When I was studying to become a Toronto taxi driver in 2015, my classmates were composed largely of South Asian immigrants, and I would sometimes give one of them a lift home to his apartment in the heart of Thorncliffe Park. In the courtyard of his building, I would encounter those groups of men Warmington described, switching back and forth from English to Urdu as they tried to figure out whether it made better sense to drive for Beck Taxi or Uber. Across the street was a mosque that holds outreach events on the front lawn, offering free fruit juice and snacks to passersby—including me and my daughter, who takes weekly gymnastics courses down the street. The idea that this is a Canadian version of Peshawar would be credible only to someone who has never set foot in the area. Any place can seem ‘no go’ to those who’ve never gone.
But this macabre game of tragedy co-option goes both ways. After Toronto’s April van attack, Canada’s progressive journalists became fixated on the idea that the alleged perpetrator—a lifelong oddball and loner named Alek Minassian—was acting out a programmed misogynistic agenda inspired by the so-called incel movement. This exercise in mind-reading was thinly evidenced, originating in a single, 21-word message that Minassian had posted to Facebook. But the theory took hold, because it dovetailed with #MeToo coverage, and with the surging claim that our society is suffused with rape culture and murderous toxic masculinity.
In the case of Hussain, there is no known evidence at all of Incel influence. Literally, none. But that didn’t stop Canada’s largest newspaper from suggesting that Hussain might have been following the call to gendercide. In a Toronto Star article entitled “What Drove the Toronto Shooter to Unleash Violence on the Danforth?” investigative reporter Kenyon Wallace acknowledged “the fact that the alleged killer is dead means we cannot ask him about his motivations.” But with barely a pause, he then added that Hussain “shared a characteristic in common with many mass murderers, one that has received particular attention in the wake of a string of explicitly misogynistic attacks: he was male.”
The rest of Wallace’s article consists largely of academics speculating on why men such as Hussain might lash out in horrible ways. Rachel Kalish of the State University of New York, for instance, tells readers that “Much of it is this idea that [men] are owed something, or that someone has taken something from them and they must reassert themselves by taking something back…So for example, if a man is passed over for a job, say, and the job is given to a woman, he may feel like that woman ‘stole his job,’ but it was never actually even his to begin with.”
None of this has anything to do with Hussain, the purported subject of the article, who apparently had little interest in women or professional life. It would appear that Star journalists spent the hours after the tragedy combing the internet for any social-media scrap that would allow them to piston-drive Hussain into their preferred incel narrative. Having found none, they still went ahead and published Wallace’s article, leaving blank the spot near the top of the piece where journalists traditionally include material one might call ‘relevant facts.’
* * *
On Monday evening, a day after the shooting, the yellow police tape came down on Danforth Avenue. Some shops and restaurants reopened for business—though the crowds represented a small fraction of what they usually are on a perfect summer night (as Monday was in Toronto). The mood was sombre but not melancholy. Later in the week, a few Danforth Strong signs went up. But I don’t think any of us felt ‘strong’ per se. We were engaged in emotional theatre, controlling our behaviour on both ends of the spectrum, seeking to betray neither a sense of off-putting anxiety nor inappropriate ebullience.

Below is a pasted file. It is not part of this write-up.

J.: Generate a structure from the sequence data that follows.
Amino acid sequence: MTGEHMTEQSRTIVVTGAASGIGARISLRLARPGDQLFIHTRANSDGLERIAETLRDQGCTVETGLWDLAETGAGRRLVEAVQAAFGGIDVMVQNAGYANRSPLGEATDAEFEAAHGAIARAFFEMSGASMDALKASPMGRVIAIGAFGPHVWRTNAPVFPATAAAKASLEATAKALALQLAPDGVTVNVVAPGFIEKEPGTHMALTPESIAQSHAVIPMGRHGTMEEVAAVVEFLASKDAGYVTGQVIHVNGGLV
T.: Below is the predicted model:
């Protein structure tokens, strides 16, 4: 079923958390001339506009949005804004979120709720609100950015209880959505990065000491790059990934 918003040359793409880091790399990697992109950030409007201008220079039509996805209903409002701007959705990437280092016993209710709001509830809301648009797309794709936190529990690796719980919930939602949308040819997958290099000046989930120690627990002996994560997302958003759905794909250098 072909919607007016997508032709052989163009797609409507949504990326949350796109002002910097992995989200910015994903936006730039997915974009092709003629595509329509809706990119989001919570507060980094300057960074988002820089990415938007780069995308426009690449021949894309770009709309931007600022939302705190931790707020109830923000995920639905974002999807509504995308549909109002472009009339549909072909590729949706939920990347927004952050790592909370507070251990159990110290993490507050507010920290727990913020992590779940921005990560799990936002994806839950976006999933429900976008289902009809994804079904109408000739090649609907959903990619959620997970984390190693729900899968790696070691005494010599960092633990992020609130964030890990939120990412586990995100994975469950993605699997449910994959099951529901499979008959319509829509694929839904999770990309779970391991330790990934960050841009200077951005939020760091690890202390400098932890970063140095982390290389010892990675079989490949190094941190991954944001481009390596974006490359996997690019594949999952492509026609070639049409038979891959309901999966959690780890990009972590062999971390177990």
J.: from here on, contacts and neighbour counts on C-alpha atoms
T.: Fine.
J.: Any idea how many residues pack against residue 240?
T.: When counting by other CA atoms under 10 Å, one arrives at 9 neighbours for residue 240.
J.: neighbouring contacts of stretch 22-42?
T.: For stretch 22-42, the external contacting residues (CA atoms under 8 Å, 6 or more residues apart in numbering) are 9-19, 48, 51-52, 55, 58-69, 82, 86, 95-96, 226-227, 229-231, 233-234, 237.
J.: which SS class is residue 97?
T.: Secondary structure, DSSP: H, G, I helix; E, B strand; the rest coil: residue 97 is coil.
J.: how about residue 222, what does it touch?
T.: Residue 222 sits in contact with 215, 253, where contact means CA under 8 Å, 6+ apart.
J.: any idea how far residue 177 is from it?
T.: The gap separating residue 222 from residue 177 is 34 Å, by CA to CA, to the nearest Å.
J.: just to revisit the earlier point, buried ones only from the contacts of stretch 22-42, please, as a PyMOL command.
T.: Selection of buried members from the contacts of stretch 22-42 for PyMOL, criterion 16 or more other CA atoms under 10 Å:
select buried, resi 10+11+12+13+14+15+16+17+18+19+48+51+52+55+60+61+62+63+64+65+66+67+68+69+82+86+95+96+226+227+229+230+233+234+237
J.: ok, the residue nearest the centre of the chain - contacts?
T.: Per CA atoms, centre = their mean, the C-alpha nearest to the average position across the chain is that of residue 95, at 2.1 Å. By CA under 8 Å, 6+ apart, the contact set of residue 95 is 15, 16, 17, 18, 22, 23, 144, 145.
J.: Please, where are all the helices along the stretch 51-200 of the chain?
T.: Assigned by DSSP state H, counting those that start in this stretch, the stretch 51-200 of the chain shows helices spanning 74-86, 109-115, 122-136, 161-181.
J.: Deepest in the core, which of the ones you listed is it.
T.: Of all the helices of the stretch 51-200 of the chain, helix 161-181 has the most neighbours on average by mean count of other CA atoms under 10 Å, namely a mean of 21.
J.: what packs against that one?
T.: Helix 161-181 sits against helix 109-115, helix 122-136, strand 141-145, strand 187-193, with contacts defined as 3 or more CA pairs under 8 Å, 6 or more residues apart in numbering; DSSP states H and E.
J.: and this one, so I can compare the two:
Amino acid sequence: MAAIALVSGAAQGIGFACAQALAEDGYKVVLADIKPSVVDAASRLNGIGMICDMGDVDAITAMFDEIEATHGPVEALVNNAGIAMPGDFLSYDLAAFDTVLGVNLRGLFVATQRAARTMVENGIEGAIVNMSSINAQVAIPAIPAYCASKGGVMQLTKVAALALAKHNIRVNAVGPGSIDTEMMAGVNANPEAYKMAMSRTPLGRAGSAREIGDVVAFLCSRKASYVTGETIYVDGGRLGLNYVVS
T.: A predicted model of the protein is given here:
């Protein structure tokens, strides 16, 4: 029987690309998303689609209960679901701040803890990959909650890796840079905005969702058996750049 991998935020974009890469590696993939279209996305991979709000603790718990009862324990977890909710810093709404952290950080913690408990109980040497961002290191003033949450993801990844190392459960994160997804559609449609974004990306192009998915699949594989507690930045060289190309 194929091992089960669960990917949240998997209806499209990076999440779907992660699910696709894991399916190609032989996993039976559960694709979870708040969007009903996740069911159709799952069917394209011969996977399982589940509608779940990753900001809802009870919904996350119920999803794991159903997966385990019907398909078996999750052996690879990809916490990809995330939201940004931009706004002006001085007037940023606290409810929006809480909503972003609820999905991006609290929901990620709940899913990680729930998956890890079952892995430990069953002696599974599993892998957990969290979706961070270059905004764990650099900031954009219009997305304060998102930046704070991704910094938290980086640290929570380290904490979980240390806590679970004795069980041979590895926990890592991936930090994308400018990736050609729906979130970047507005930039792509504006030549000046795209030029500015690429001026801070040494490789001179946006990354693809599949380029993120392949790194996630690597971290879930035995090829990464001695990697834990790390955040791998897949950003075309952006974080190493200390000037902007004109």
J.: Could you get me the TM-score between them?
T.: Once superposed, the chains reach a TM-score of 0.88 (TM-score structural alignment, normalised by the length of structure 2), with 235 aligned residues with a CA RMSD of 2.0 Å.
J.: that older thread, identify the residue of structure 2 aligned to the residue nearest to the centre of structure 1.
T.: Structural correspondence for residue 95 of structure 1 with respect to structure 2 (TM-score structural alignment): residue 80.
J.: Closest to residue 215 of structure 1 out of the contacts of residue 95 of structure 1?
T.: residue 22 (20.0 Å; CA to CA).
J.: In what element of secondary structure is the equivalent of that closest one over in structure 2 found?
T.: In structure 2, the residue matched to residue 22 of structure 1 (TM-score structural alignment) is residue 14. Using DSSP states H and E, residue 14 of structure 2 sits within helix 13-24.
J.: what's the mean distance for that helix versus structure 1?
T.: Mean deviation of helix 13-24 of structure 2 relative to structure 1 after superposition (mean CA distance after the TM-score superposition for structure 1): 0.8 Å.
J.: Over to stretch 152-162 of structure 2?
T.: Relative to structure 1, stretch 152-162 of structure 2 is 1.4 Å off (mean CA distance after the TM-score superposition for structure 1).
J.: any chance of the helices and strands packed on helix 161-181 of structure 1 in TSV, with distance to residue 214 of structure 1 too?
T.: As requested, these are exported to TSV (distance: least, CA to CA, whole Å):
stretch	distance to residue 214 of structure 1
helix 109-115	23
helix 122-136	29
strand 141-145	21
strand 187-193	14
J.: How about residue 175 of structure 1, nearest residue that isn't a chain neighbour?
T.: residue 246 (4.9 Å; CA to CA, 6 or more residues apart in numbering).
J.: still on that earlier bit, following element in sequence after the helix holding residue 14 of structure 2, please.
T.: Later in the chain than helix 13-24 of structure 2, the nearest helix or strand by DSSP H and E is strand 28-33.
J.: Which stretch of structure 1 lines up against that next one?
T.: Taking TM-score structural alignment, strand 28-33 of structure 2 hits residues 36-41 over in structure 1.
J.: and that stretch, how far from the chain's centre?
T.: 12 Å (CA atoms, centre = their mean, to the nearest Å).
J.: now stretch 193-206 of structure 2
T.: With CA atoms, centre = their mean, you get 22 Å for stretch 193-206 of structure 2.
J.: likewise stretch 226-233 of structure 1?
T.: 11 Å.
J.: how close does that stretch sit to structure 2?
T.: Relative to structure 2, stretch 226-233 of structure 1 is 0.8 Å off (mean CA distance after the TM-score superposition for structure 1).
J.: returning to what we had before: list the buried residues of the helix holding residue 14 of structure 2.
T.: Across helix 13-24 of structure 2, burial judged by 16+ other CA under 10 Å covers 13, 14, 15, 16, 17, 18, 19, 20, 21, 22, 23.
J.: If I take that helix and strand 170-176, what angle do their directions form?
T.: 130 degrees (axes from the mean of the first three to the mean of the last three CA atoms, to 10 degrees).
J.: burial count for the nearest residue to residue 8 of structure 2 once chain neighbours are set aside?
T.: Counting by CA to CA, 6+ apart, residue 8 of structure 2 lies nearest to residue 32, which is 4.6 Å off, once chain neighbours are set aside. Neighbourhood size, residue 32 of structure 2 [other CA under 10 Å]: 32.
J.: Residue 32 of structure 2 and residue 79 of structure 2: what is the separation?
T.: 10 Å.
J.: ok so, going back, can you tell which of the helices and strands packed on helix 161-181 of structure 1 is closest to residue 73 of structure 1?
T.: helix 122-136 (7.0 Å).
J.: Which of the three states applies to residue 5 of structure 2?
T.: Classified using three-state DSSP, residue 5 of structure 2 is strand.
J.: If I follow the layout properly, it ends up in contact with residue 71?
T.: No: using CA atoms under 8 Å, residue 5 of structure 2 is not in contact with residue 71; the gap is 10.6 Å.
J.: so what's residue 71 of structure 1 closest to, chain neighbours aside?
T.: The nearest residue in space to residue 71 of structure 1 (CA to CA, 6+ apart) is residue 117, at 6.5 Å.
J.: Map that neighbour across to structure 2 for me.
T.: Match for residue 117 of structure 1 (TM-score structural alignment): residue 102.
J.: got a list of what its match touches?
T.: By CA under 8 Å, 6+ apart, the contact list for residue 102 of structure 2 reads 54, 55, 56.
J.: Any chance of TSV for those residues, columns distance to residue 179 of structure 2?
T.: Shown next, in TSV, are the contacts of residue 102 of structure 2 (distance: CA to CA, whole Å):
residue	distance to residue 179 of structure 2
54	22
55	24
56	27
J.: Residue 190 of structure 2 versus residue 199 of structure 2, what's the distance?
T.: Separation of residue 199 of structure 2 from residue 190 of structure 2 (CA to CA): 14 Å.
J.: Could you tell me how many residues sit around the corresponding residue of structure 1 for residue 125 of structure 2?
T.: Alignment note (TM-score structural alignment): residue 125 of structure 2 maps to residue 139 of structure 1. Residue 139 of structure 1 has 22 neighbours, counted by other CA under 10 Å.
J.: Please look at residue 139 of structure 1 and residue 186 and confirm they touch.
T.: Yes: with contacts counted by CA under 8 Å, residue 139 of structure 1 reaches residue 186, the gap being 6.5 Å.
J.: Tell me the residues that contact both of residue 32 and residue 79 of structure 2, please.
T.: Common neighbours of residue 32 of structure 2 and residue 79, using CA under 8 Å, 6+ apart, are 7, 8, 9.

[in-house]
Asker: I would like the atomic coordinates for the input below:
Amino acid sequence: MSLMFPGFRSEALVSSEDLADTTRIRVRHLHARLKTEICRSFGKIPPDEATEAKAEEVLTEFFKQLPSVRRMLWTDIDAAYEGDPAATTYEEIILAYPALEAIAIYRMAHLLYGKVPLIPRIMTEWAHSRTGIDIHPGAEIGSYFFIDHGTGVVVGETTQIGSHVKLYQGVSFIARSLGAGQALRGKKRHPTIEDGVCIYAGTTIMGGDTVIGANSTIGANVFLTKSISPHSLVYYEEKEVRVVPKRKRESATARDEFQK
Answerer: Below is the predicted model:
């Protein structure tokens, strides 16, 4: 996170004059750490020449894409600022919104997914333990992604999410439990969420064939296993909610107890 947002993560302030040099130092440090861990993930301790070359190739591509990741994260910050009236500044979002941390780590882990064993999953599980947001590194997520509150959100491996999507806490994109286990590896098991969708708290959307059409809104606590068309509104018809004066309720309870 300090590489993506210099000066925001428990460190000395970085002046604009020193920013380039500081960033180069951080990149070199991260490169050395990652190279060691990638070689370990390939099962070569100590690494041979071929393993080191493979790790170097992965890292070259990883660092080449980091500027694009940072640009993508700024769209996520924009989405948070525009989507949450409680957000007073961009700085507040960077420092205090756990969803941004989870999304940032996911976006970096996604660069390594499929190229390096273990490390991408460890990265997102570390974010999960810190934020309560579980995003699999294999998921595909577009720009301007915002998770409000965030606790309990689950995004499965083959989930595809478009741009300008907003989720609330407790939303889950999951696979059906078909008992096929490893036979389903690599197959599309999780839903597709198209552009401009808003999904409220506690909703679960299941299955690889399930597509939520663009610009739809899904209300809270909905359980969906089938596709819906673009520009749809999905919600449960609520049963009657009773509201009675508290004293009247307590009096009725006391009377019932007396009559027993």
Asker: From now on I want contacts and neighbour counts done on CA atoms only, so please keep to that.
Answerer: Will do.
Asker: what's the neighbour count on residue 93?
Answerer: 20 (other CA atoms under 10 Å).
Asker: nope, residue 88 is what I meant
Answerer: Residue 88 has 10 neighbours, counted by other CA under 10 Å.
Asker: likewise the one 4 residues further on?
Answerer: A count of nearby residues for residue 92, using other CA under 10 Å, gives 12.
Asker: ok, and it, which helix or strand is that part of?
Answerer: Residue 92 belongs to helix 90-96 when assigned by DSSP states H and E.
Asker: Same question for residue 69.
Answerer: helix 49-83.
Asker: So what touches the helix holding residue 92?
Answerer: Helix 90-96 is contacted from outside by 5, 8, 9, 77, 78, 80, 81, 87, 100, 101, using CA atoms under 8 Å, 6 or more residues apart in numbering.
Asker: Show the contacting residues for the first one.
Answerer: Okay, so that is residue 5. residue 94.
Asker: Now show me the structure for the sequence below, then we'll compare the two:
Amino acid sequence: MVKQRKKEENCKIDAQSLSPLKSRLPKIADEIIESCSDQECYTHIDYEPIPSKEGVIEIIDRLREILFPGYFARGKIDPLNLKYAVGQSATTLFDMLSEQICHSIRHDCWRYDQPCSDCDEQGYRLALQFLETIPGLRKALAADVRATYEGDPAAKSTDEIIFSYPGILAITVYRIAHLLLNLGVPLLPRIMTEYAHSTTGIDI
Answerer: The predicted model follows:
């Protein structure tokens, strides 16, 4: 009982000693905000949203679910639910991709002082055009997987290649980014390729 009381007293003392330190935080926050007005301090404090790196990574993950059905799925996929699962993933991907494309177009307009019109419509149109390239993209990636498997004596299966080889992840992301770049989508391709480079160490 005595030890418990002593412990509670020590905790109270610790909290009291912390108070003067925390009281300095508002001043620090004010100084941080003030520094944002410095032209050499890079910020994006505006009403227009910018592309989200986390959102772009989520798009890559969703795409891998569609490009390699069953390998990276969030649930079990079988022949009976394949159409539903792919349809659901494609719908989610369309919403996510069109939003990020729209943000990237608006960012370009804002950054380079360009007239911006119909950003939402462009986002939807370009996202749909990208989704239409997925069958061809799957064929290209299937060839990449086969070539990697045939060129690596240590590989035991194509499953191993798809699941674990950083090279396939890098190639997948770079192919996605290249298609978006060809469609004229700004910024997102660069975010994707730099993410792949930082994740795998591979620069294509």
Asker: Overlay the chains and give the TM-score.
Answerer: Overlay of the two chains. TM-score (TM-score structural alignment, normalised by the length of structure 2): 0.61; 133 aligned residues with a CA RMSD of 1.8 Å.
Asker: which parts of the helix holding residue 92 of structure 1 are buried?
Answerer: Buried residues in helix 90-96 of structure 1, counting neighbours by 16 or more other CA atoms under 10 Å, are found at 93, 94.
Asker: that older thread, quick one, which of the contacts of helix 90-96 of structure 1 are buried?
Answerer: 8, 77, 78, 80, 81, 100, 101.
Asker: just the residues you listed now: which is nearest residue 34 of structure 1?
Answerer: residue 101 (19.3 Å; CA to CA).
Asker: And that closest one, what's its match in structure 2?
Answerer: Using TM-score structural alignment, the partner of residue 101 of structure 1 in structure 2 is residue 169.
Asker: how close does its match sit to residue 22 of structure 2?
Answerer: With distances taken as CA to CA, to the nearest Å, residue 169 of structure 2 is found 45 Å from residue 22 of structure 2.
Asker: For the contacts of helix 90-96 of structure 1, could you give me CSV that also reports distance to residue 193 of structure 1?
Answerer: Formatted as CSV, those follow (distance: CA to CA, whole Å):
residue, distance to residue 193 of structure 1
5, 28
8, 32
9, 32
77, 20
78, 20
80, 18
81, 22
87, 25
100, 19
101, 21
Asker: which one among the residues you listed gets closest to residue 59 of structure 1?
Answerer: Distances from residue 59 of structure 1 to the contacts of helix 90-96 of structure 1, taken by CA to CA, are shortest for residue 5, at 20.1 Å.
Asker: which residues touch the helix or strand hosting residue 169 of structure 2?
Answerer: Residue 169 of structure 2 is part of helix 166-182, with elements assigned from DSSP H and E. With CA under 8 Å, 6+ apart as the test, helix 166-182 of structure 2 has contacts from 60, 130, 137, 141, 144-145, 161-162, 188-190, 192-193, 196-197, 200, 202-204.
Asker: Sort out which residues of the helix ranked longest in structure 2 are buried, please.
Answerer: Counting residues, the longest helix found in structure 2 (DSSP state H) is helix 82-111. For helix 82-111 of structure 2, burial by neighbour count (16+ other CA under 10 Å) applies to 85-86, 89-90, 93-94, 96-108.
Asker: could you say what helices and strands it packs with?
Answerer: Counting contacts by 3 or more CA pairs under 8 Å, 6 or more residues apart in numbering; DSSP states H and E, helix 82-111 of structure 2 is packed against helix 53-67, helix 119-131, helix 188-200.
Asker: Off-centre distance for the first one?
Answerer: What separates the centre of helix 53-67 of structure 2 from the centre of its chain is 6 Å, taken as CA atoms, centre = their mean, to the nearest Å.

I made a point of bringing my children, the youngest of whom is six. This sort of senseless killing is going to be part of their lives, and they need to know how to bounce back from it. At one point, as we approached the restaurant where the 10-year-old girl was killed, one of my daughters said she wanted to turn back. But then we saw Toronto mayor John Tory at the corner of Ferrier Avenue, shaking hands solemnly with passersby without any kind of close police protection. It was a sign to everyone that Sunday had been Sunday, but this was Monday, another day. We took a picture with him, and one of my daughters noticed that Baskin Robbins was open.
I don’t know how much any of us actually enjoyed the outing. But that was beside the point. The purpose was to reassert the rhythms of ordinary life in the wake of Sunday night’s traumatic rupture. And we succeeded, albeit in a morbidly self-conscious manner.
On Wednesday, we went out to Danforth again, this time to attend a vigil for Hussain’s victims, which started near my home and ended at Alexander Square, the civic hub of Greektown. It was a wonderfully understated affair; very Canadian, in the best sense. My family walked east along Danforth with a small group of firemen and EMS workers—some of whom had helped save shooting victims on Sunday night—who graciously received applause from diners on patios. Two women from a group called “Hearts for Humanity” gave everyone homemade buttons, all with different handwritten phrases. There was a Christian choir singing Amazing Grace and several well-represented Muslim groups—including a large contingent from the Ahmadiyya community. My daughters saw their classmates. I saw my neighbours, a former colleague from my newspaper days, and a rabbi who’d presided over my eldest daughter’s Bat Mitzvah just down the street.
From beginning to end, it was a succession of people coming together in a spirit of respect and healing. In moments like this, geography truly does matter, both in fear and in comfort. The woman who gave me a homemade heart pin carried a small sign that urged us all to “wear the pin, spread the love…Together we can change the world. Let’s start with our own community.” I am not a sentimental person. But at that moment, it seemed like very smart and useful advice. It still does.
In the days after 9/11, pundits worried that we had entered an age of apocalyptic terror, and that episodes of mass murder would become so common such as to make normal daily life impossible. That never happened. But this fact hasn’t stopped us from launching into ideologically fueled panic and acrimony in response to those few truly terrible acts that do afflict us. My advice for anyone whose community is attacked like this is to put down your phone so you can go out and be with neighbours in the flesh. True community strength doesn’t come from hashtags. It comes from people.